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News & Features

Our Dumb State, Vol. 9

Shoot first, cry later

Photo: James Heimer, License: N/A

James Heimer

"It's OK to say that 'our law supersedes your law,' but it's not OK to intimidate me, and it's not OK to tell me that if I don't do it … I am going to be taken out of office," Bower said. "That's real intimidation from the National Rifle Association, without a gun. Look what they can do without a gun."


If you thought the sickening drumbeat leading the intrusion of guns into all Floridans' lives was somehow protected by the sacred nature of religious institutions – Thou shalt not kill, and all – a shocking event at a St. Petersburg church in February should probably bring that idea to its knees. According to the Tampa Bay Times, after a regular Sunday service, the pastor's daughter, Hannah Kelley, 20, went to go find her boyfriend, Dustin Bueller. Turns out Bueller was in a "church closet" looking at a 9mm Luger he intended to purchase for his birthday – again, in a church closet – from 48-year-old Moises Zambrana.

Unfortunately, this moment of bartering went sour when that gun went off, piercing a wall first, and then Kelley's head, which was in an adjoining room. Kelley died in the hospital soon after.

Even though there probably shouldn't have been a gun deal going down in a church, even though a young woman died from a gun going off, there were no charges filed in the case. It was just, after all, a freak accident.

Kelley's family released a statement forgiving the 48-year-old, adding "The family would encourage mothers and fathers everywhere to hug their children a little tighter as you never know when it will be your last opportunity." Not in Florida, anyway.


So how exactly did we get here? If we told you that most of Florida's violent tendencies with firearms stemmed from a 4-foot-11-inch female bundle of insanity, would you even believe us? It's true: Nearly all roads of backfire bullshit lead back to one woman: Marion Hammer, former president and current lobbyist for the NRA.

According to watchdog website, meetthenra.org, Hammer was virtually born with a gun in her hand, calling her adventures shooting rabbits at the age of 5 "a way of life." How those rabbits led to Hammer becoming the most feared and vengeful figure in Tallahassee is a fairly long story: She grew up to found the Unified Sportsmen of Florida in 1975 (an arm of the NRA, effectively), going on to become a lobbyist for both the USF (which presently compensates her $110,000 annually) and the NRA (which paid her $190,000 in 2010). She is a loaded gun, and she's carried one in her purse at least since the passage of the 1987 concealed-carry law. Watch out for Marion.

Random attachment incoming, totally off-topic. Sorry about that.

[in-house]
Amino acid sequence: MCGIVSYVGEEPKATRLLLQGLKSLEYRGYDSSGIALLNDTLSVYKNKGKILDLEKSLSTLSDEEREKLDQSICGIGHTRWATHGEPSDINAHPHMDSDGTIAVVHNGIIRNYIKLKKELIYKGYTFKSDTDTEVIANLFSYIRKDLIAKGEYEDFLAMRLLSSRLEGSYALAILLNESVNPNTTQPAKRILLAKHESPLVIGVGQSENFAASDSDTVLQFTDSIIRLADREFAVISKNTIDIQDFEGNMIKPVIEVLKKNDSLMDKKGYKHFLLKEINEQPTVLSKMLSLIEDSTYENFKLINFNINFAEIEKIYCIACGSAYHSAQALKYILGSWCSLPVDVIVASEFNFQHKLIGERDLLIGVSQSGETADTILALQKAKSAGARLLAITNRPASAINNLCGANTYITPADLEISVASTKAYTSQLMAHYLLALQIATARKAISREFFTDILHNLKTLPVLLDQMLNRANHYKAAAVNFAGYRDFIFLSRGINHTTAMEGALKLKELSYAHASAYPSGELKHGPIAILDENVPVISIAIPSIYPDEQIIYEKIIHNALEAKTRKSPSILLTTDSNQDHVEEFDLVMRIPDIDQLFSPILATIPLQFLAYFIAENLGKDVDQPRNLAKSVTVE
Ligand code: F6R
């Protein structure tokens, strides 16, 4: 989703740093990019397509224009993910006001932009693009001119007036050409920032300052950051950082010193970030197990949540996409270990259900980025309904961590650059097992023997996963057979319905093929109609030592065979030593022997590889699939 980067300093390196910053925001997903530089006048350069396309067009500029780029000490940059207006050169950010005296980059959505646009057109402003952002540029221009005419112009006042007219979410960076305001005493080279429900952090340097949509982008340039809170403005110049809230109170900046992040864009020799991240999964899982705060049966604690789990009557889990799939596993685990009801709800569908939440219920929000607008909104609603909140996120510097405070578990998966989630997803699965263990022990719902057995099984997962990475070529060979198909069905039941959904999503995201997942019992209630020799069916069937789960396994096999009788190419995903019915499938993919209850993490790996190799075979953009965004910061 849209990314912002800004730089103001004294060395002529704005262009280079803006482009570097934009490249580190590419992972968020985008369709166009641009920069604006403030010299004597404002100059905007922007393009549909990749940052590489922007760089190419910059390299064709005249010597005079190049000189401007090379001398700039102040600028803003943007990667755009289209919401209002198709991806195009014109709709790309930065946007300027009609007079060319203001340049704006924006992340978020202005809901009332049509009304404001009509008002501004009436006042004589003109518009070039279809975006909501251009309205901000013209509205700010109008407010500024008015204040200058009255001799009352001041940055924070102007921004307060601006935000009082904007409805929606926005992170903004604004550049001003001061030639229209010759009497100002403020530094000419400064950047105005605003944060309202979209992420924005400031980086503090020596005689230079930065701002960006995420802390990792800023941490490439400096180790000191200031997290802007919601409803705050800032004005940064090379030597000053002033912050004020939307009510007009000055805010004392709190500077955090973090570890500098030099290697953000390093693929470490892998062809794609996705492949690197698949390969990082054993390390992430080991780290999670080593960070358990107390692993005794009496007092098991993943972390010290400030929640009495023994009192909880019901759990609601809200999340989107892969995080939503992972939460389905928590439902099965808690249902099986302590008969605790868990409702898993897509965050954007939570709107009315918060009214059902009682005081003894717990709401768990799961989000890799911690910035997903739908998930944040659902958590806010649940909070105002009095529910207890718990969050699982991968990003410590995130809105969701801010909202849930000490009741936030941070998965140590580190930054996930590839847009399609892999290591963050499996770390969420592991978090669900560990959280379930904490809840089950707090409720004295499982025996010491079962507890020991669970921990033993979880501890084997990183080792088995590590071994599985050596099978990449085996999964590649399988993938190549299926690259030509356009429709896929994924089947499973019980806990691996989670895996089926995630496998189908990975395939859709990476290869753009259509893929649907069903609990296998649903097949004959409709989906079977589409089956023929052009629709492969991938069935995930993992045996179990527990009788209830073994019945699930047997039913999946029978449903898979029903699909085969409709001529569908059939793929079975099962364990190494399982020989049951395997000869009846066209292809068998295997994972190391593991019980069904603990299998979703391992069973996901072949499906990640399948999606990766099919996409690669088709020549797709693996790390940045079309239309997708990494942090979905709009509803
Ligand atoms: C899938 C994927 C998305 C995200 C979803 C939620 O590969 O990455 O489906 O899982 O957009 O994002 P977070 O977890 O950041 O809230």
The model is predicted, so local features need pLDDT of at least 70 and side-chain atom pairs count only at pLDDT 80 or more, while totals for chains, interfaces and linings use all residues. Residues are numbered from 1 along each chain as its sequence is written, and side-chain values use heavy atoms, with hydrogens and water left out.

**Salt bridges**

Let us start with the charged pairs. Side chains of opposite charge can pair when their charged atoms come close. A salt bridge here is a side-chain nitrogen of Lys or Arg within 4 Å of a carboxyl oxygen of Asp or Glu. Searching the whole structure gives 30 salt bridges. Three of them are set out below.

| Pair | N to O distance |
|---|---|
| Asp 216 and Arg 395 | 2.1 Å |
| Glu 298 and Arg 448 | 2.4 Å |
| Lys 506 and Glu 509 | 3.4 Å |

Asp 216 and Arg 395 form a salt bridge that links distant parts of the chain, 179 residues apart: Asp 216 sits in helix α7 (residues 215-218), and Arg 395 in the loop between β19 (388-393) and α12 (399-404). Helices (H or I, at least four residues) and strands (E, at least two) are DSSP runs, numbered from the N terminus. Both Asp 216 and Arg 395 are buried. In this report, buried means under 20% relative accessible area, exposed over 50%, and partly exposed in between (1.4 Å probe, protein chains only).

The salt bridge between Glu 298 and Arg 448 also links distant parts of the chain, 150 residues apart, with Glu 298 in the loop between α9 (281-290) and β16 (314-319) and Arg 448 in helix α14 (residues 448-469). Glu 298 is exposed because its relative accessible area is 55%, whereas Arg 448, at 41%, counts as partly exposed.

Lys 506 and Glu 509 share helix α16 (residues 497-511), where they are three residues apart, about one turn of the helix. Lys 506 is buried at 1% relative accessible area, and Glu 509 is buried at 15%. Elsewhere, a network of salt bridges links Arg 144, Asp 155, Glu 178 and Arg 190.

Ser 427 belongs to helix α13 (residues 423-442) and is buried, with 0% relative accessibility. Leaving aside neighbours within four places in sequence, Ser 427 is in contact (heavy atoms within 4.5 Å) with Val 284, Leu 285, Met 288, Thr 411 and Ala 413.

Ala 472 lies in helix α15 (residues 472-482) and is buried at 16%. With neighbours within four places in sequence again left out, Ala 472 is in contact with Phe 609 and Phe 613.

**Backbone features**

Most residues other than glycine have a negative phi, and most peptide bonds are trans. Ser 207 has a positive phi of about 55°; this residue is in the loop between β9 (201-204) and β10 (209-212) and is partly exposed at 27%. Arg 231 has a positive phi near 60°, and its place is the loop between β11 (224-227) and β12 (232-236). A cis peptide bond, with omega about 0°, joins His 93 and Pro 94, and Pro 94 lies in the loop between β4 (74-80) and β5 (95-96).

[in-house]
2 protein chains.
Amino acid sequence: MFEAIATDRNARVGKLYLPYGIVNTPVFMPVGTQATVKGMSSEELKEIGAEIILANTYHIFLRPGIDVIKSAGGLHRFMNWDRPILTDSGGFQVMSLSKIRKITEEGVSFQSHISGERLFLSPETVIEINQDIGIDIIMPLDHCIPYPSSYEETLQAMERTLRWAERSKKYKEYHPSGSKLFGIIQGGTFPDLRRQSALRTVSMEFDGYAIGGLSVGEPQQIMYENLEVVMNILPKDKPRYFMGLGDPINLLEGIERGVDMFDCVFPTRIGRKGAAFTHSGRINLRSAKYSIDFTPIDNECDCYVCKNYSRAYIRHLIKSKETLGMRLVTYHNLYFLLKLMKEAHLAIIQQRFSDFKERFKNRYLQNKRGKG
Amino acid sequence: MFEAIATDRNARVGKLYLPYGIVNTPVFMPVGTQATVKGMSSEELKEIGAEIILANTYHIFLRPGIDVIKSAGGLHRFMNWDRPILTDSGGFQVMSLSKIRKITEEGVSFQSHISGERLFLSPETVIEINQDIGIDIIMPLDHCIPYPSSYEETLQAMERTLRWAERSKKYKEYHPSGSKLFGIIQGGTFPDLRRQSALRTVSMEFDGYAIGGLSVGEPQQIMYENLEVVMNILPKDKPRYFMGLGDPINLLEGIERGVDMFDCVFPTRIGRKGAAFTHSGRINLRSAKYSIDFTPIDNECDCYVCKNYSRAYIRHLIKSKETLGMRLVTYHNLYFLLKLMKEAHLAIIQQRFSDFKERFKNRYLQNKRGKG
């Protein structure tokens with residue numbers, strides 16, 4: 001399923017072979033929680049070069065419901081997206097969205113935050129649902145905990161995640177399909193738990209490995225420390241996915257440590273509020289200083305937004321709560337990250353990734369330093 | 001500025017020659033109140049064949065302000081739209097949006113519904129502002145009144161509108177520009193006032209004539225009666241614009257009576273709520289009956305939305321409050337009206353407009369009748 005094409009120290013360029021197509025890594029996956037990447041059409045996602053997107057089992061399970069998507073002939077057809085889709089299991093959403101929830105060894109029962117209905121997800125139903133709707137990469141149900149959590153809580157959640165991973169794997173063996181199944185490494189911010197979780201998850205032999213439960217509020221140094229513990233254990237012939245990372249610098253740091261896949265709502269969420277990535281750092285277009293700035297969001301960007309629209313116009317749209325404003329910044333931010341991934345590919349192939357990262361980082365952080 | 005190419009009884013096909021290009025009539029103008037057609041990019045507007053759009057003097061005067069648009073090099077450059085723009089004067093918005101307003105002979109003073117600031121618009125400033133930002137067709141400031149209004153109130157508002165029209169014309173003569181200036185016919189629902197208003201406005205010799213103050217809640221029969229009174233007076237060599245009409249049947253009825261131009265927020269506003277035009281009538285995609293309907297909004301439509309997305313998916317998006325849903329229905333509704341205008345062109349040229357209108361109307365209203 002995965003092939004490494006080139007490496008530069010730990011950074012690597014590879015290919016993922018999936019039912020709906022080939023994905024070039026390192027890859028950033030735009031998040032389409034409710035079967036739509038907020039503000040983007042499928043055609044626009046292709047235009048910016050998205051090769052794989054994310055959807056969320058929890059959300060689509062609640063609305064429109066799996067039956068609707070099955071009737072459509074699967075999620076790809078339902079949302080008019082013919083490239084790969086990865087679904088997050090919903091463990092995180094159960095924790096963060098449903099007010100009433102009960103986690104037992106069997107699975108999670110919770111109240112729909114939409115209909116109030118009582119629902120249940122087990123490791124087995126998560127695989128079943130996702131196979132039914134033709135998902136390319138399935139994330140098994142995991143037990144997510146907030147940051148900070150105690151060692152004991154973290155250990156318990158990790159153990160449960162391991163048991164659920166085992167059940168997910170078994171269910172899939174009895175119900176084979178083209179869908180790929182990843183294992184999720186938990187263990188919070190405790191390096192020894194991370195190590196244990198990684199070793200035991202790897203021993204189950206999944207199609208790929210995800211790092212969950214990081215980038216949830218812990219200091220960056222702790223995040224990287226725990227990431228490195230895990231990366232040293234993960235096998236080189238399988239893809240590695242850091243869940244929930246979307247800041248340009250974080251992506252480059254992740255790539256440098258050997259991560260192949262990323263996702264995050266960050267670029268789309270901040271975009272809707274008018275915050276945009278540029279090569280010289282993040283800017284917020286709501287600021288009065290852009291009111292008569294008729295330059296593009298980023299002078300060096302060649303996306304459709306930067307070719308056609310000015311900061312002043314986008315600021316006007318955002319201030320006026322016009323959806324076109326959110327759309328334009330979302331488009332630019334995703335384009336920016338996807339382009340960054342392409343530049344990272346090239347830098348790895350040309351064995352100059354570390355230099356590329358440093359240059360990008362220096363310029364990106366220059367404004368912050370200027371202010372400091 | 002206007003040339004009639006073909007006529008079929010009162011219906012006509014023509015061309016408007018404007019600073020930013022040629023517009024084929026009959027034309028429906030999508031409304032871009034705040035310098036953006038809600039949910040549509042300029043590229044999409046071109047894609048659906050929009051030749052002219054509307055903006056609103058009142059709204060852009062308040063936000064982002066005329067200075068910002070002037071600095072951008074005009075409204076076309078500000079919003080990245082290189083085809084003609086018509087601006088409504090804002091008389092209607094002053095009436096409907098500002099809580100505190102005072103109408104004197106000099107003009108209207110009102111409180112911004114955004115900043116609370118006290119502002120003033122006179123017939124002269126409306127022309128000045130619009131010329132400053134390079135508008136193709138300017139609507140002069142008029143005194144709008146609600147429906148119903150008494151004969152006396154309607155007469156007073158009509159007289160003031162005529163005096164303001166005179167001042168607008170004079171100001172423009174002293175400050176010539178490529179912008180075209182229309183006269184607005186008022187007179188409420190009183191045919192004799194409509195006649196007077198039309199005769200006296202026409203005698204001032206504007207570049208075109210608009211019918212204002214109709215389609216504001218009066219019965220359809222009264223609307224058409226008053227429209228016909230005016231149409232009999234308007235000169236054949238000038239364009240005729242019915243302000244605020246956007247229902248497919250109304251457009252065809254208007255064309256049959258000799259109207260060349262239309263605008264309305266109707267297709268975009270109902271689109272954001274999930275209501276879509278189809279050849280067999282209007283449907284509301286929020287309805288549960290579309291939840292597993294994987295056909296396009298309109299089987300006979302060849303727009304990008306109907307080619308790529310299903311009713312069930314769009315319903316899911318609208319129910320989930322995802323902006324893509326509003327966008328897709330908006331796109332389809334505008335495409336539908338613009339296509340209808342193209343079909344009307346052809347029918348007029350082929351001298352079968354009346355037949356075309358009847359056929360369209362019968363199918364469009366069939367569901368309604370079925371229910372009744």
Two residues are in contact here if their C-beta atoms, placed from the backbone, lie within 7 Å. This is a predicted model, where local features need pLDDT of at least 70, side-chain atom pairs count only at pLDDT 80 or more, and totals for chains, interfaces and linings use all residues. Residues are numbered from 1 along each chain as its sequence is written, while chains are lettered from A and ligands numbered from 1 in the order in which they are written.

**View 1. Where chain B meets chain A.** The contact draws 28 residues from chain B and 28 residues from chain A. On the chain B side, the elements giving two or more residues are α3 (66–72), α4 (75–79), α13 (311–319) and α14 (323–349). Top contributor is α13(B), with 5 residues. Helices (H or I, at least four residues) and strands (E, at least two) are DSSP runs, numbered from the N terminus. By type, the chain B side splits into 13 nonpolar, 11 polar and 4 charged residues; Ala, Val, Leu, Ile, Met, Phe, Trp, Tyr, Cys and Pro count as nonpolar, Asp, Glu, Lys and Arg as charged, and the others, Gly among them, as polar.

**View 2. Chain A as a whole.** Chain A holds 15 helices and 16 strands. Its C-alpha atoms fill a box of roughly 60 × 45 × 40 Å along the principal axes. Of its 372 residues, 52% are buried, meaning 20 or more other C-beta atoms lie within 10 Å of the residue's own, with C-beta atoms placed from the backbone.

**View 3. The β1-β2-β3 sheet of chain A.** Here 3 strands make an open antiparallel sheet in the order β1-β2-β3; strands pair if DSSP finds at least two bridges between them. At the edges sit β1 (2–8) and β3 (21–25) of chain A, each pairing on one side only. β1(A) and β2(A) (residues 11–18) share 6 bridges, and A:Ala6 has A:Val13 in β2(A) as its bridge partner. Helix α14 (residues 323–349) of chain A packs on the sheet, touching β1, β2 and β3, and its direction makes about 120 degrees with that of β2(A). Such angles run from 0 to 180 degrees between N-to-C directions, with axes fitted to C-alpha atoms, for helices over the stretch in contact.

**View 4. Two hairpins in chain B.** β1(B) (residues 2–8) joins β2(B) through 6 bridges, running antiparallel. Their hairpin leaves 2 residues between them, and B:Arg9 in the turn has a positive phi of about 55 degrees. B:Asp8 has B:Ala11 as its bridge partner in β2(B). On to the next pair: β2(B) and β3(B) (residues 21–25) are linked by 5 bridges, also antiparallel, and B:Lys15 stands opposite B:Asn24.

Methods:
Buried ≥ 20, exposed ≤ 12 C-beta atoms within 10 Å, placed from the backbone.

But it's not her personal history that has gone so far in shaping Florida's relative redneckery on the issue of gun control, it's her present, almost inexplicable influence over Florida's mostly male governing bodies. She's the queen of false equivalencies. On the issue of doctors asking about guns, she spat out this little nugget to the Sun-Sentinel: "Doctors should not ask you how much money you have in your checking account, whether or not you own diamond cufflinks or your wife owns a diamond necklace. They should not be asking whether or not you own guns." Likewise, in 2011, she brought some down-home craziness to the issue of that session's Open Carry law, which was opposed by the Florida Sheriff's Association for obvious reasons. "This is Florida. It gets really hot here in the summer," she says in a video available on YouTube (linked from meetthenra.org). "A lot of times folks might go into a restaurant or into, you know, a meeting and they have on a suit with a coat and it's hot and they want to take off their jacket. If they're carrying in a shoulder holster or in a pants holster they can't take a jacket off and expose the firearm because then they would be violating the Open Carry law."

In fact, Hammer would be happier if just about everybody had a gun that they could shoot at any time they please. She's balked at everything from the Columbine massacre through the Trayvon Martin case, even going so far as to reject the 1968 federal Gun Control Act that prohibited even ex-cons, substance abusers and those designated as mentally ill from holding guns. For some reason, that struck her as unfair.

"In 1968 my way of life changed because the '68 Gun Control Act imposed restrictions on law-abiding people who had done absolutely nothing," she told the Sun-Sentinel last year, adding, "I got angry that I was being punished and I hadn't done anything wrong."

And in 1996, in a comment to the New York Times, she put an even finer point on things. How would she see fit to end the gun-control debate, she was asked. "Get rid of all liberals," she responded.

Consider it done. Also, consider it dumb.

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